Statement - 07-March-2014
Sporting Data are pleased that the corruption charges against our employee, Daniel Dobson, have been dropped and that Sporting Data, its employees and directors have been exonerated of any wrongdoing. The Director of Public Prosecutions stated that there was "no reasonable prospect of conviction", which confirms Sporting Data's view that the charges were fundamentally flawed.
It has taken far too long to reach this point but it was a relief to hear from our lawyers on March 4th that, finally, just two days before the next hearing was due, and exactly seven weeks after the whole farcical episode started, that the D.P.P. had reached the only sensible decision and directed the police to withdraw the charges. This was an enormous relief and lets us to get back to business and recover from what had been a really arduous seven weeks. More importantly, it enables Dan to get back to building himself a career without the stigma of a court case or a conviction over his head. He has been completely exonerated.
We would like to say thank you to the friends, journalists, bloggers and those on social media who have given their backing and encouragement. Your support has been invaluable.
Statement - 16-January-2014Following a number of news articles relating to betting at the Australian Open in Melbourne, Sporting Data would like to respond to various allegations about corrupt behaviour. Sporting Data has never been and never will be involved in any illegal betting or any other illegal activity whatsoever and take a serious view of any allegations that they have. Sporting Data has never been and never will be involved in any type of match fixing. We encourage a more proactive stance against those who are involved in match fixing. However, recently, one of our employees has been accused of the very serious crime of match fixing at the Australian Open and we shall do everything we can to fight this grossly unfair accusation
We wish to make the following points and clarifications.:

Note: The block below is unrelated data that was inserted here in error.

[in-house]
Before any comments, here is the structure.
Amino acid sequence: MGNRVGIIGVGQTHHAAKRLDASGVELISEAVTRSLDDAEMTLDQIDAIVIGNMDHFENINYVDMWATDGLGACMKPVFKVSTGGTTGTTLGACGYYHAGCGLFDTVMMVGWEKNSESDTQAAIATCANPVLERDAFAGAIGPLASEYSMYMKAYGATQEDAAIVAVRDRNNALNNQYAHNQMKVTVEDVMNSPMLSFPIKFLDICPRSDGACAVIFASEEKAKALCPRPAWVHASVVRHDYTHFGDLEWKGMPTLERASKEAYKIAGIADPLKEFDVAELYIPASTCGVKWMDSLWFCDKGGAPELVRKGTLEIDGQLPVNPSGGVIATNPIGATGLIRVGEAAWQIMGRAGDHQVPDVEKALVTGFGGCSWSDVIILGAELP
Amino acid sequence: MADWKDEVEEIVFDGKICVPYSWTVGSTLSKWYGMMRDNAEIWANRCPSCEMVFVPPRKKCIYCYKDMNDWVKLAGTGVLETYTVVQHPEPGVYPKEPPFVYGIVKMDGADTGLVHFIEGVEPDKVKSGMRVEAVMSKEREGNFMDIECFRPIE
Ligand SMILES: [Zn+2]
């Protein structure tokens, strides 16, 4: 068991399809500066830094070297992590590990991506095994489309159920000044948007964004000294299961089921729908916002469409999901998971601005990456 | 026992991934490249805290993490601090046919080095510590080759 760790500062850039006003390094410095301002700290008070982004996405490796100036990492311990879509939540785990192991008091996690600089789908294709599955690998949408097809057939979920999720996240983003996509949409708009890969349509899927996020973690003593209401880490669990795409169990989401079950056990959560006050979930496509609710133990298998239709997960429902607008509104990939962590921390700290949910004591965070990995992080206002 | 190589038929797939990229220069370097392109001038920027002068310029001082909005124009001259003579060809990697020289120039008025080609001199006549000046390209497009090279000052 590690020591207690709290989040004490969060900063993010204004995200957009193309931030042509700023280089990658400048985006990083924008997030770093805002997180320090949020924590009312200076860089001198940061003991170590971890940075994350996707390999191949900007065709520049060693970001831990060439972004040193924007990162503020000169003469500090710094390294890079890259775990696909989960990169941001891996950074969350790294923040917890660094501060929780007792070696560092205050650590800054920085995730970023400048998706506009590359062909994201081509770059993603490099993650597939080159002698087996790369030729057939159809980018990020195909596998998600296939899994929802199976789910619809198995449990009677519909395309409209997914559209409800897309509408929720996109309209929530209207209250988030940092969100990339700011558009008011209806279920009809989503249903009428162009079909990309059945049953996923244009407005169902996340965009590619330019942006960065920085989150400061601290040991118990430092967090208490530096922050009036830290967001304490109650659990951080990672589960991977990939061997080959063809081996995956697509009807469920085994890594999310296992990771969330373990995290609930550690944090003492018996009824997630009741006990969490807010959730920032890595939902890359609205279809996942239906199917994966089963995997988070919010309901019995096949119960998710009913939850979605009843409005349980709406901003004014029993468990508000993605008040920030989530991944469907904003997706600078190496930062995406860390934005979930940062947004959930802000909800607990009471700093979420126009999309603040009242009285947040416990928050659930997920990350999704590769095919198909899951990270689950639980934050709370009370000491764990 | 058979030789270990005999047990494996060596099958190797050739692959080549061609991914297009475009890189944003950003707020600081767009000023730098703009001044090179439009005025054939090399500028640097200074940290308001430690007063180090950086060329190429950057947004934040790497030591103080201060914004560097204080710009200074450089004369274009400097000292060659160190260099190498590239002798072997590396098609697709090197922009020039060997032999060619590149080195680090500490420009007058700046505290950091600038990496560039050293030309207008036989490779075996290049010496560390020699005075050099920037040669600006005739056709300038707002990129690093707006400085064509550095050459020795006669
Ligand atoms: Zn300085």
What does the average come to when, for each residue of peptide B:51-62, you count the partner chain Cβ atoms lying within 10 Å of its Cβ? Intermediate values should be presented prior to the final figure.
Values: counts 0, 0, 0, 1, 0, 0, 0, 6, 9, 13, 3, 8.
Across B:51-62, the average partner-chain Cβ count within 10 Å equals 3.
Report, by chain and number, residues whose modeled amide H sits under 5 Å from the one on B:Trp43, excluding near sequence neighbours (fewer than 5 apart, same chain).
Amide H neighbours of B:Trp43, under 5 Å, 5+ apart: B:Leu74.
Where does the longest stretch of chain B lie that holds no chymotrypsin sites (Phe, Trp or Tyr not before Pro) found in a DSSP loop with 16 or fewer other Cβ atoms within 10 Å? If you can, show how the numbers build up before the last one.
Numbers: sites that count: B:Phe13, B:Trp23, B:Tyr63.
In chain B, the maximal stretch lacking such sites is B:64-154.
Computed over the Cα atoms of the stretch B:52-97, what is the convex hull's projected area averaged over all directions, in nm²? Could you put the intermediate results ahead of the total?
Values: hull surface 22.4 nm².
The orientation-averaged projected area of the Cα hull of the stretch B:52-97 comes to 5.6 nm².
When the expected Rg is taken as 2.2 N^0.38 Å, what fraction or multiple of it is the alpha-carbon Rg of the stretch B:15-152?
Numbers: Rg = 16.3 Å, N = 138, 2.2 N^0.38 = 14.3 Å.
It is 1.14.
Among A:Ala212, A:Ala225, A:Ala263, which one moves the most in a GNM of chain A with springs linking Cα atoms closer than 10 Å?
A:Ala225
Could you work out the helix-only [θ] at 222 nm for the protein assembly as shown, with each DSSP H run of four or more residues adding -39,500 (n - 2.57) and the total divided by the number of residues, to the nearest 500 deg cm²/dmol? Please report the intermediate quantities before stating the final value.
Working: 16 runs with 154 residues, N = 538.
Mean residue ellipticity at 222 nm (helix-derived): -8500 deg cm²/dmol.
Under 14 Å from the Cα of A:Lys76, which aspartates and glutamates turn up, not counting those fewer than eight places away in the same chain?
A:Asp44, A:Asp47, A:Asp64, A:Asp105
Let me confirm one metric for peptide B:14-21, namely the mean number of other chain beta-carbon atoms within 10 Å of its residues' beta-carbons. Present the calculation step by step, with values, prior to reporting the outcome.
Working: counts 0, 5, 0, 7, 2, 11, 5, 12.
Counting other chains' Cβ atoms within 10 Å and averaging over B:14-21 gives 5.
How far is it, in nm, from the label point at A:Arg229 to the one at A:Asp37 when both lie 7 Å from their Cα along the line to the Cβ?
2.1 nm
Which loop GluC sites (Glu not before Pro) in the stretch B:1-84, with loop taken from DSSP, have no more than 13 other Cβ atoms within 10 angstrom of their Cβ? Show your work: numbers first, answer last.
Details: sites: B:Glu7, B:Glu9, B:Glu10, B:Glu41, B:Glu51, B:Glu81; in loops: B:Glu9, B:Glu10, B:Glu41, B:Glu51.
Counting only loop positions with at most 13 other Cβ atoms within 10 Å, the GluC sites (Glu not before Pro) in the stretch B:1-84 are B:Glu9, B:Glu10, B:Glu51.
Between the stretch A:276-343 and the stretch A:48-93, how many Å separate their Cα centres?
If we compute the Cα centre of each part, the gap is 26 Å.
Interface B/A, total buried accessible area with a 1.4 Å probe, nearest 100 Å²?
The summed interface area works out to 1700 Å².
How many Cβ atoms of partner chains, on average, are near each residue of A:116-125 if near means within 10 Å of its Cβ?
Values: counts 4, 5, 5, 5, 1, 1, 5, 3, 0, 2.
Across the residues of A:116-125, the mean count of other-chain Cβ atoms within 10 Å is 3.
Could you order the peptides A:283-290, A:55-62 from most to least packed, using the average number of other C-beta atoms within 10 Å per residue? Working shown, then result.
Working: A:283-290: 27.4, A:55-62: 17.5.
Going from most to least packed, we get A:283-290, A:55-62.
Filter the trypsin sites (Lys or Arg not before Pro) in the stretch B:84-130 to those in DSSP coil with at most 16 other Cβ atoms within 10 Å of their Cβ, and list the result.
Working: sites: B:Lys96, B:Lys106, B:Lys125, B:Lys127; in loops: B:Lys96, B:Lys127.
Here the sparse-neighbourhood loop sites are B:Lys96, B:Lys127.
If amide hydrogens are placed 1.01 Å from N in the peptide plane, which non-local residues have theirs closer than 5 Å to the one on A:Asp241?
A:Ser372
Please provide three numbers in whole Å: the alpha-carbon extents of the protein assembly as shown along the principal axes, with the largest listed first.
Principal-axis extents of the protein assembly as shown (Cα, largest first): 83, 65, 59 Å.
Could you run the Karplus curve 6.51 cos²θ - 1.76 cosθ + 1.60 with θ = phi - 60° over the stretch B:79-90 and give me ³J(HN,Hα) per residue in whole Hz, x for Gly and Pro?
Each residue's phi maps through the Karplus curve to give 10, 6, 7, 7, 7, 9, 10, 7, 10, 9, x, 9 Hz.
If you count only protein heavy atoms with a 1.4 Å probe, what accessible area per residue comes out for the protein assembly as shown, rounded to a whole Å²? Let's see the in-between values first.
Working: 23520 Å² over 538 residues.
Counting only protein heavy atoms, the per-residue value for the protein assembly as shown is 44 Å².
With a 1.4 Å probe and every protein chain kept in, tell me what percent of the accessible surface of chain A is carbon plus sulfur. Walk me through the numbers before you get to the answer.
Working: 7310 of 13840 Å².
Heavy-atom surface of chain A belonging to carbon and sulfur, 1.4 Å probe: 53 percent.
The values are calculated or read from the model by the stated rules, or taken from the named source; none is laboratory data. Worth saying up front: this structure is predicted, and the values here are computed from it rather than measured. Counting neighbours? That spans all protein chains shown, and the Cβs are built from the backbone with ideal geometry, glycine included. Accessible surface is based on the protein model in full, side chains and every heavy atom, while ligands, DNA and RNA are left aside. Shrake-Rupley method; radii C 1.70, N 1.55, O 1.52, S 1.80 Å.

1) Sporting Data is a company providing sporting data and services to certain individuals. Our clients use the information provided to place bets.
2) We have employees on the courtside sending back information to London and that is then used to place bets on the outcome of the match. However, the odds and stake of the bets are all determined by the individuals in London and not by the employees on court. There are plenty of times that they will send info back and nothing will be done with it. In no way could they considered to be betting themselves.
3) We use mathematical models to assess the probability of a match outcome. Bets will be placed when the odds generated by the model are significantly out of line with the market. A lot of syndicates use a similar methodology. Clearly, we need the most up to date information to generate accurate match probabilities. We cannot rely on TV pictures as they are out of date.
4) Most of the bets placed are placed on betting exchanges - platforms devised specifically for punters to pit their information and simulation techniques against each other. It is the tightest and most competitive environment there is and we have invested a lot of time and effort to become competitive.
5) We have no interest in corrupting the outcome of a match. We want both players in any given match to perform as well as they possibly can. Our models fail to work if the result is any way compromised and we would take all steps to avoid betting on any match we suspect to be corrupted.
6) The new Victoria State Law (CRIMES AMENDMENT (INTEGRITY IN SPORTS) ACT 2013) is a very good law and we welcome it. We want matches to be as straight as possible. However, this law is being applied entirely inappropriately here. As we see it, it is up to the Victorian Police to demonstrate that this sending of information in some way 'corrupts or would corrupt a betting outcome of an event or event contingency'. In other words, that somehow, what we are doing affects the match in some way. There is no way we could conceivably be affecting how the match pans out.
7) An interesting side note to the discussion is that what our employee on court was doing is exactly what umpires do. They send information from the court back to other organisations that use it to profit from betting. In this case, the organisations are bookmakers and it is done through the tennis authorities' agreement with Enetpulse. However, the principle is identical.
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